Biotechnology

Microfluidics: The next medical breakthrough you haven't heard of

Microfluidics could be the future of healthcare. Image: Adan Rodriguez and Albert Folch, CC BY-ND

Albert Folch

Professor of Bioengineering, University of Washington

Share:

The Big Picture
Explore and monitor how Biotechnology is affecting economies, industries and global issues
Crowdsource Innovation
Get involved with our crowdsourced digital platform to deliver impact at scale

Stay up to date:

Biotechnology

Have you read?

image of the wicking process in which which the energy stored within the liquid propels the liquid through narrow spaces
The colored liquids enter from the bottom left, but due to laminar flow, remain relatively unmixed even though they pass through one single channel and exit on the top right. Image: Greg Cooksey and Albert Folch
image of glucose strips being used to measure blood sugar
Glucose strips are microfluidic devices that require only a tiny amount of blood to measure blood sugar Image: Albert Folch, CC BY-ND
image of three microvalves in a microchannel
Three microvalves in a microchannel. The first and the third valve, leading to the orange-filled channel, are closed. The valve in the middle is open. Image: Greg Cooksey and Albert Folch
image of microfluidic equipment used in the field of tumor removal
This device is a ‘tumor-on-a-chip,’ and each well contains a different drug that is pumped to the center, where the tumor samples are placed. Image: Adan Rodriguez and Albert Folch, CC BY-ND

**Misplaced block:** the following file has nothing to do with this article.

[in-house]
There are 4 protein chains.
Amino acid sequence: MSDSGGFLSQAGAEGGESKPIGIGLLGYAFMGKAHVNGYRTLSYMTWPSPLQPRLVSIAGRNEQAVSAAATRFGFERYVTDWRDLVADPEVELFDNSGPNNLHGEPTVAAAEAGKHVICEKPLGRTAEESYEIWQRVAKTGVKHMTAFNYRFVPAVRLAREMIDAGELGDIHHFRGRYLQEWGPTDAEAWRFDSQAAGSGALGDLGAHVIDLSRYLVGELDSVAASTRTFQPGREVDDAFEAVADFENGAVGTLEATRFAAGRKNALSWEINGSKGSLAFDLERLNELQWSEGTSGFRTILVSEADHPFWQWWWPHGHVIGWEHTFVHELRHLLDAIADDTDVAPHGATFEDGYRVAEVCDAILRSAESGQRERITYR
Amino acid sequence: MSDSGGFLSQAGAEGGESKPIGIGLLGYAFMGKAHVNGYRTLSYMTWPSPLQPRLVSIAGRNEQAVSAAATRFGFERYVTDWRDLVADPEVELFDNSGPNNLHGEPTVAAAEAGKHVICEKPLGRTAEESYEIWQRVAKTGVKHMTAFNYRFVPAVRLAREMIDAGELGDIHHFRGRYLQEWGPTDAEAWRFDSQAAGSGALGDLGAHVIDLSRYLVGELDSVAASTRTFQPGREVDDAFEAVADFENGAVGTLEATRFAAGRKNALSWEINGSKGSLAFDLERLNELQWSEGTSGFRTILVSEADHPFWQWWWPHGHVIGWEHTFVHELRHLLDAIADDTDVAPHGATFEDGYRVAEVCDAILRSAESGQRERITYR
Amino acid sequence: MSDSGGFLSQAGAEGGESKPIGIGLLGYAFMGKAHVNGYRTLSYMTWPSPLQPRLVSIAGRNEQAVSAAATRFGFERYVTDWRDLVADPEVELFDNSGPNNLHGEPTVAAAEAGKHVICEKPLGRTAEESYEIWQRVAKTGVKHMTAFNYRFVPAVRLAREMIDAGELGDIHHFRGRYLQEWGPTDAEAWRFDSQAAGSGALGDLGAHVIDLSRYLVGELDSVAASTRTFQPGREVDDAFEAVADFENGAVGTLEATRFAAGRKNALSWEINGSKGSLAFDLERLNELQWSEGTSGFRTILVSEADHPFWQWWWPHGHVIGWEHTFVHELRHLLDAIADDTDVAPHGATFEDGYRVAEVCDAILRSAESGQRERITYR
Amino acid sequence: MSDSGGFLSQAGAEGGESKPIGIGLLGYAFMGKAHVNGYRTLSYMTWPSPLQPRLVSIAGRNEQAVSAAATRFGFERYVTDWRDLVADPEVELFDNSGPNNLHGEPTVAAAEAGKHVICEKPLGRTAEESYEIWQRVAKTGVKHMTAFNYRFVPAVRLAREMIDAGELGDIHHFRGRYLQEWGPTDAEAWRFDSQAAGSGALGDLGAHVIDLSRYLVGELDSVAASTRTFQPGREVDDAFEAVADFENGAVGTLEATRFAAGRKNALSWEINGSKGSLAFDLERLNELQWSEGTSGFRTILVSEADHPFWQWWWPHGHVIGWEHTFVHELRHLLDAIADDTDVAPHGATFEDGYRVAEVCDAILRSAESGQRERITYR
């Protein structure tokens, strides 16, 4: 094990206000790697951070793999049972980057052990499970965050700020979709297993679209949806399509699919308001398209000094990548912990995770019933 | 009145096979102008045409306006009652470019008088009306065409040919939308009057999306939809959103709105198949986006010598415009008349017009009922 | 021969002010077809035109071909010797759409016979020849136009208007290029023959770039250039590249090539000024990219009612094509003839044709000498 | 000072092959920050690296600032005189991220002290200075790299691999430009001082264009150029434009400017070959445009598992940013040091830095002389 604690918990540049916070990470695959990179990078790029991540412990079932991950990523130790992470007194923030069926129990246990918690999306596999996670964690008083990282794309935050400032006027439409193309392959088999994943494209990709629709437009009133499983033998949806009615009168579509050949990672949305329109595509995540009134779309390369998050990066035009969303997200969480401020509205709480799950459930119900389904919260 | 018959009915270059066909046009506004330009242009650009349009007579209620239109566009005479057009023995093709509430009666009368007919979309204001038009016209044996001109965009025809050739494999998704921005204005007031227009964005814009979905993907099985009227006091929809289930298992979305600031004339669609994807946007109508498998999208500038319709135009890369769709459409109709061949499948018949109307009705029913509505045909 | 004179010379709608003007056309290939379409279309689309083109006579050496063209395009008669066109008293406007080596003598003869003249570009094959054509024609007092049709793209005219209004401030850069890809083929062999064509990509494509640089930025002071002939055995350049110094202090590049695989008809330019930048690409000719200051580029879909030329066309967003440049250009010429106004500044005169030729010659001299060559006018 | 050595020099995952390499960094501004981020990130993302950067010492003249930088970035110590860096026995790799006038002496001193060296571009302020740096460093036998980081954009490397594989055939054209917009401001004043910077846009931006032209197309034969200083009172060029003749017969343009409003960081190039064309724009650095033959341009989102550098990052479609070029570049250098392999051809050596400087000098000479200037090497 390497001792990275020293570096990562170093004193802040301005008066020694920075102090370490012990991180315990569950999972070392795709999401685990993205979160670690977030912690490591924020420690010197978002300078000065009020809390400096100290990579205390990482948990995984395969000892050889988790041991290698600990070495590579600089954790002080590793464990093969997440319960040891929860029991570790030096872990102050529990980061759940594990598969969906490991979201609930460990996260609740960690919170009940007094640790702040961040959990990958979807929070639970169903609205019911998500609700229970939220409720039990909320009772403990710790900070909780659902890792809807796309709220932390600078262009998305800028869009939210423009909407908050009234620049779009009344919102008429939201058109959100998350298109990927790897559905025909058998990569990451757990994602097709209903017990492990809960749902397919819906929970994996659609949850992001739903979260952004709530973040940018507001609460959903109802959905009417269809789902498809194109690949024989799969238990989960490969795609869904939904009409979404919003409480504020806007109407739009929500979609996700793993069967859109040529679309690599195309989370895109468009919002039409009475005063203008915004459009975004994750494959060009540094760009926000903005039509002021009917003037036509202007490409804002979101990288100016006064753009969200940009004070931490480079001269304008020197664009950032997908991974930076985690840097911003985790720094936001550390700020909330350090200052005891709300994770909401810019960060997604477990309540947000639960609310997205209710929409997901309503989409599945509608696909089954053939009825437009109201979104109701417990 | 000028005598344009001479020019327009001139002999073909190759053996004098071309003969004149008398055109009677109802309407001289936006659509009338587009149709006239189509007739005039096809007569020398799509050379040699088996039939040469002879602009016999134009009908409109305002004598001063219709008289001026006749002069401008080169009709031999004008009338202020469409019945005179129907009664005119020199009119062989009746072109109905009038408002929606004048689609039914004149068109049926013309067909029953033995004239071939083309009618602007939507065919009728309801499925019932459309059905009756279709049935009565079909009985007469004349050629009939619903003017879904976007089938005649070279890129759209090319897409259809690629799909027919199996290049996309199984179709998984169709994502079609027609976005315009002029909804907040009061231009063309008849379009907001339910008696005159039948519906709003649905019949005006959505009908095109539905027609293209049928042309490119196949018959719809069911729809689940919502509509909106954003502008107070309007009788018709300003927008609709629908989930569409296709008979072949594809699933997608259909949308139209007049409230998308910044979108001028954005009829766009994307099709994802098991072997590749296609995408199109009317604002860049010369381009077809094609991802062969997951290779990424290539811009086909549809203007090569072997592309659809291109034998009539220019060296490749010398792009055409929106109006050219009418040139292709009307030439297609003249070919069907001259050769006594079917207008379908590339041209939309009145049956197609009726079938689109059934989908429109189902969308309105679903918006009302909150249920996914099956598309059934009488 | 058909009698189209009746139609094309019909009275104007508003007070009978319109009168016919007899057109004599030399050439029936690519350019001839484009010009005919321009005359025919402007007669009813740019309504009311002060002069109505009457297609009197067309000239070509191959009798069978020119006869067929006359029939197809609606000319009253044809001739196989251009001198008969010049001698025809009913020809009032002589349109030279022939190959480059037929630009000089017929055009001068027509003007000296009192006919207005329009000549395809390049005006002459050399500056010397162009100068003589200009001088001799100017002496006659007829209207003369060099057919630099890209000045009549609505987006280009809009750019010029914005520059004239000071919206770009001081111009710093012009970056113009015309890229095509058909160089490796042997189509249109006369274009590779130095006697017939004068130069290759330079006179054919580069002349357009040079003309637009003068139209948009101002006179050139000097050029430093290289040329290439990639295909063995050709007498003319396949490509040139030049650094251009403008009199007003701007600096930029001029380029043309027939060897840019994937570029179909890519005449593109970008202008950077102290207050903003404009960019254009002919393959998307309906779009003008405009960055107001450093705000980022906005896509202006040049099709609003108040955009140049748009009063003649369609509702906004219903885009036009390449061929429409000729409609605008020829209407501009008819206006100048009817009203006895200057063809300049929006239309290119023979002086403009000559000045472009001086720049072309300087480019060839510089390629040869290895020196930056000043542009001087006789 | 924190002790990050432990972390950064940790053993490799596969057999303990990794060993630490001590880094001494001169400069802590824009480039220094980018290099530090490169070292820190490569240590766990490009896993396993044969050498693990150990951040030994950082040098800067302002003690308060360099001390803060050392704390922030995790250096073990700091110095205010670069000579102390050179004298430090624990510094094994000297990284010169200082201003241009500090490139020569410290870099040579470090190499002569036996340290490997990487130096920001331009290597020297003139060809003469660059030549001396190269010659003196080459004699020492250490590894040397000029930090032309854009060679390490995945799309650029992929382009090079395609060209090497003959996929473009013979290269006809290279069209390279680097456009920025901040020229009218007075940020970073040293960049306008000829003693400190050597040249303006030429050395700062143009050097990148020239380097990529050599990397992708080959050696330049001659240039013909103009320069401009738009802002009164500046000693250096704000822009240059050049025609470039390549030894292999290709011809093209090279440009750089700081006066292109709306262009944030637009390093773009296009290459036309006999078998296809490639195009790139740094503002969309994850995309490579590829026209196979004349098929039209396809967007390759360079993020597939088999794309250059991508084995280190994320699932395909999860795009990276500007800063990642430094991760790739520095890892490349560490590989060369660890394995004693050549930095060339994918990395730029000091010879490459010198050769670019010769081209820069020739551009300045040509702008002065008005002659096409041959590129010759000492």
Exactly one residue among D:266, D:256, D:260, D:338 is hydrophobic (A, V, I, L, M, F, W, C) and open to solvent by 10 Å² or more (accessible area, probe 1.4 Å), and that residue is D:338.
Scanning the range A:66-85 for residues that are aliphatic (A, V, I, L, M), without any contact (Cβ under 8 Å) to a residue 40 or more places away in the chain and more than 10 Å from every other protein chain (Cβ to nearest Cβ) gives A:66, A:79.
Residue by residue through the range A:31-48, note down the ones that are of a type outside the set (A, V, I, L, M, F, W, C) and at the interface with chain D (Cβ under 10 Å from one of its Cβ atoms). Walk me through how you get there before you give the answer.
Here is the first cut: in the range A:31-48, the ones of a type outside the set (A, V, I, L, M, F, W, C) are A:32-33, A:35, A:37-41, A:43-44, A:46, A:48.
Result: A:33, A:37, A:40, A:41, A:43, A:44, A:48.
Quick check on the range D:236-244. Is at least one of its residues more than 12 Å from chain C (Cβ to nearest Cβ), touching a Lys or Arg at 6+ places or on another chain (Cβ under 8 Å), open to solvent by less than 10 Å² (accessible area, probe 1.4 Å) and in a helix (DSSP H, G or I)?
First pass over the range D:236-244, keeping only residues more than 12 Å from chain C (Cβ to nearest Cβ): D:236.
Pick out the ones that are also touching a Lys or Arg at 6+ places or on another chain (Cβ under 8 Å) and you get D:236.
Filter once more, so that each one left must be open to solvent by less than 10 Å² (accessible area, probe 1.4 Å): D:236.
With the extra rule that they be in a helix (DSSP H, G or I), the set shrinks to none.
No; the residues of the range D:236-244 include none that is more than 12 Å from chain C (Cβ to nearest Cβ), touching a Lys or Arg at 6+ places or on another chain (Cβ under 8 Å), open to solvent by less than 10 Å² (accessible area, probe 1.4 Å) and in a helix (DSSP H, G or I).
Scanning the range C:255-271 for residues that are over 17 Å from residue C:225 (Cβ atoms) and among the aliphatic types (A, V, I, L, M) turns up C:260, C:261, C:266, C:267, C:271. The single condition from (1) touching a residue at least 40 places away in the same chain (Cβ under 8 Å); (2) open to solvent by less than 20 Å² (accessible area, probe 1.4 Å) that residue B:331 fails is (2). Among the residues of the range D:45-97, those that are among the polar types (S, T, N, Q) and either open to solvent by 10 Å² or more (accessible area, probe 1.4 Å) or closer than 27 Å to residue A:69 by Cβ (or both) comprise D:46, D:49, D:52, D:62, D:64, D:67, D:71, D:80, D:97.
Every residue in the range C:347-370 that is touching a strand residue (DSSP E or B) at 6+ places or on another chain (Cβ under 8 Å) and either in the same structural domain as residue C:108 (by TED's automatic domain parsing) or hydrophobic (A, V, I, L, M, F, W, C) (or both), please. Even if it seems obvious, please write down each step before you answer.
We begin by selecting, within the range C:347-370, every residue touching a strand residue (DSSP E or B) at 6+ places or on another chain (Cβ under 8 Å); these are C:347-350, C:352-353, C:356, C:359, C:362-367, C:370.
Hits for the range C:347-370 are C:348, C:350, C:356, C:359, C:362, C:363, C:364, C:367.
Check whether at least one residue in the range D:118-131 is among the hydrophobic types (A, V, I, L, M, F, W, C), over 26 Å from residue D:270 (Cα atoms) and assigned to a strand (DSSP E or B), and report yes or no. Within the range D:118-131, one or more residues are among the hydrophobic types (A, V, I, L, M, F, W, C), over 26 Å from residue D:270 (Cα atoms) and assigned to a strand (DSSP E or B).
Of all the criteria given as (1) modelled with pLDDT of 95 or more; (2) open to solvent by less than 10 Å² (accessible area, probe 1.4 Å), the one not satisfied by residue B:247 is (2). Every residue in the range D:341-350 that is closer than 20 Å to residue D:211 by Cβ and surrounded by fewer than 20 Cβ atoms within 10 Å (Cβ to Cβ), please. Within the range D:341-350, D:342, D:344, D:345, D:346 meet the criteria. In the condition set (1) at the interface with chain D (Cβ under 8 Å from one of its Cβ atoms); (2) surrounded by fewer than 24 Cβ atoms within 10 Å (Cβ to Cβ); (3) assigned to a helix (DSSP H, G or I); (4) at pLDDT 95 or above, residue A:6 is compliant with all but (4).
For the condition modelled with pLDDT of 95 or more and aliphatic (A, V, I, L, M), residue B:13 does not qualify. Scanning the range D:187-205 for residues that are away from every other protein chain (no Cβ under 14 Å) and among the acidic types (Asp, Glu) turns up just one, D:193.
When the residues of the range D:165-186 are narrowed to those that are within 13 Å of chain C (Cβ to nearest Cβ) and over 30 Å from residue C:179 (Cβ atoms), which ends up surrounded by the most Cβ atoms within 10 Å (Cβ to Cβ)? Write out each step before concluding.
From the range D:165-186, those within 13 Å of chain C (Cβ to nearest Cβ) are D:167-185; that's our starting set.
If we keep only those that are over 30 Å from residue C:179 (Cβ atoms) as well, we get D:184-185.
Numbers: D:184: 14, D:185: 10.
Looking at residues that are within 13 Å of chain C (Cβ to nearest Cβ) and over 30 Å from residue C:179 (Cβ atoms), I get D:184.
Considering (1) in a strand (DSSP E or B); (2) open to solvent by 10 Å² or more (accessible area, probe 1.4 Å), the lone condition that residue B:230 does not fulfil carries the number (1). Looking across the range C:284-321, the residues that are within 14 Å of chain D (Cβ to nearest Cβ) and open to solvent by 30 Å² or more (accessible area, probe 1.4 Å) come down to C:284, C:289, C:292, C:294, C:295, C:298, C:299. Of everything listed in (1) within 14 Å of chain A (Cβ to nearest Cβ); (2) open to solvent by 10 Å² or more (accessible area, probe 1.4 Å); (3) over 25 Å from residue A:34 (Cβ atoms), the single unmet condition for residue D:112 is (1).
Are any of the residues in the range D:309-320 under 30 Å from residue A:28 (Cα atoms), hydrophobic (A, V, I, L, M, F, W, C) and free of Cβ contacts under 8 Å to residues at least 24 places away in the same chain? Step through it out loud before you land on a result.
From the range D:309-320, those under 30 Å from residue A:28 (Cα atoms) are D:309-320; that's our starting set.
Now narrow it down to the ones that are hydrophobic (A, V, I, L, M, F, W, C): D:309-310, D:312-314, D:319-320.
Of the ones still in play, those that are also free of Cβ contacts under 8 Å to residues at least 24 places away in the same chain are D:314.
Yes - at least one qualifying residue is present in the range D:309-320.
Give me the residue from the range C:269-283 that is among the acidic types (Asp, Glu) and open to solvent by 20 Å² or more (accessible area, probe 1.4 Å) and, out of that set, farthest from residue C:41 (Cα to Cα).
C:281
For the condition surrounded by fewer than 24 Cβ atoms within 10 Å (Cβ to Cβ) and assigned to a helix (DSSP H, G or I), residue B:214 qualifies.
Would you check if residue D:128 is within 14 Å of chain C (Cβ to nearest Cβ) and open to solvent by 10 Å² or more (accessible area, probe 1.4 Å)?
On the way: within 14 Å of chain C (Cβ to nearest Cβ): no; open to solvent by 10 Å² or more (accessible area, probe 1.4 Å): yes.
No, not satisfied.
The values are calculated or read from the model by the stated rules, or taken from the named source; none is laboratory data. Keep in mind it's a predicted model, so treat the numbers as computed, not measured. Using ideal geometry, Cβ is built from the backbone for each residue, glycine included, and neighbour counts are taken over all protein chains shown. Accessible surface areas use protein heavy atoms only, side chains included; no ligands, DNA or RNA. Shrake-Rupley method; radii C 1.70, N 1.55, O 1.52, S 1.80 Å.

Discover

What is the World Economic Forum doing about healthcare value and spending?

Don't miss any update on this topic

Create a free account and access your personalized content collection with our latest publications and analyses.

License and Republishing

World Economic Forum articles may be republished in accordance with the Creative Commons Attribution-NonCommercial-NoDerivatives 4.0 International Public License, and in accordance with our Terms of Use.

The views expressed in this article are those of the author alone and not the World Economic Forum.

Related topics:

BiotechnologyPrecision MedicineAdvanced MaterialsHealth and HealthcareEmerging TechnologiesFourth Industrial Revolution

Share:

Global Agenda

The Agenda Weekly

A weekly update of the most important issues driving the global agenda

Subscribe today

You can unsubscribe at any time using the link in our emails. For more details, review our privacy policy.

New research uncovers how cancer cells can become mortal, opening avenues for treatment

Pattra Chun-On and Jonathan Alder

November 23, 2022

1:29
About Us
Events
Media
Partners & Members
Language Editions

Privacy Policy & Terms of Service

© 2022 World Economic Forum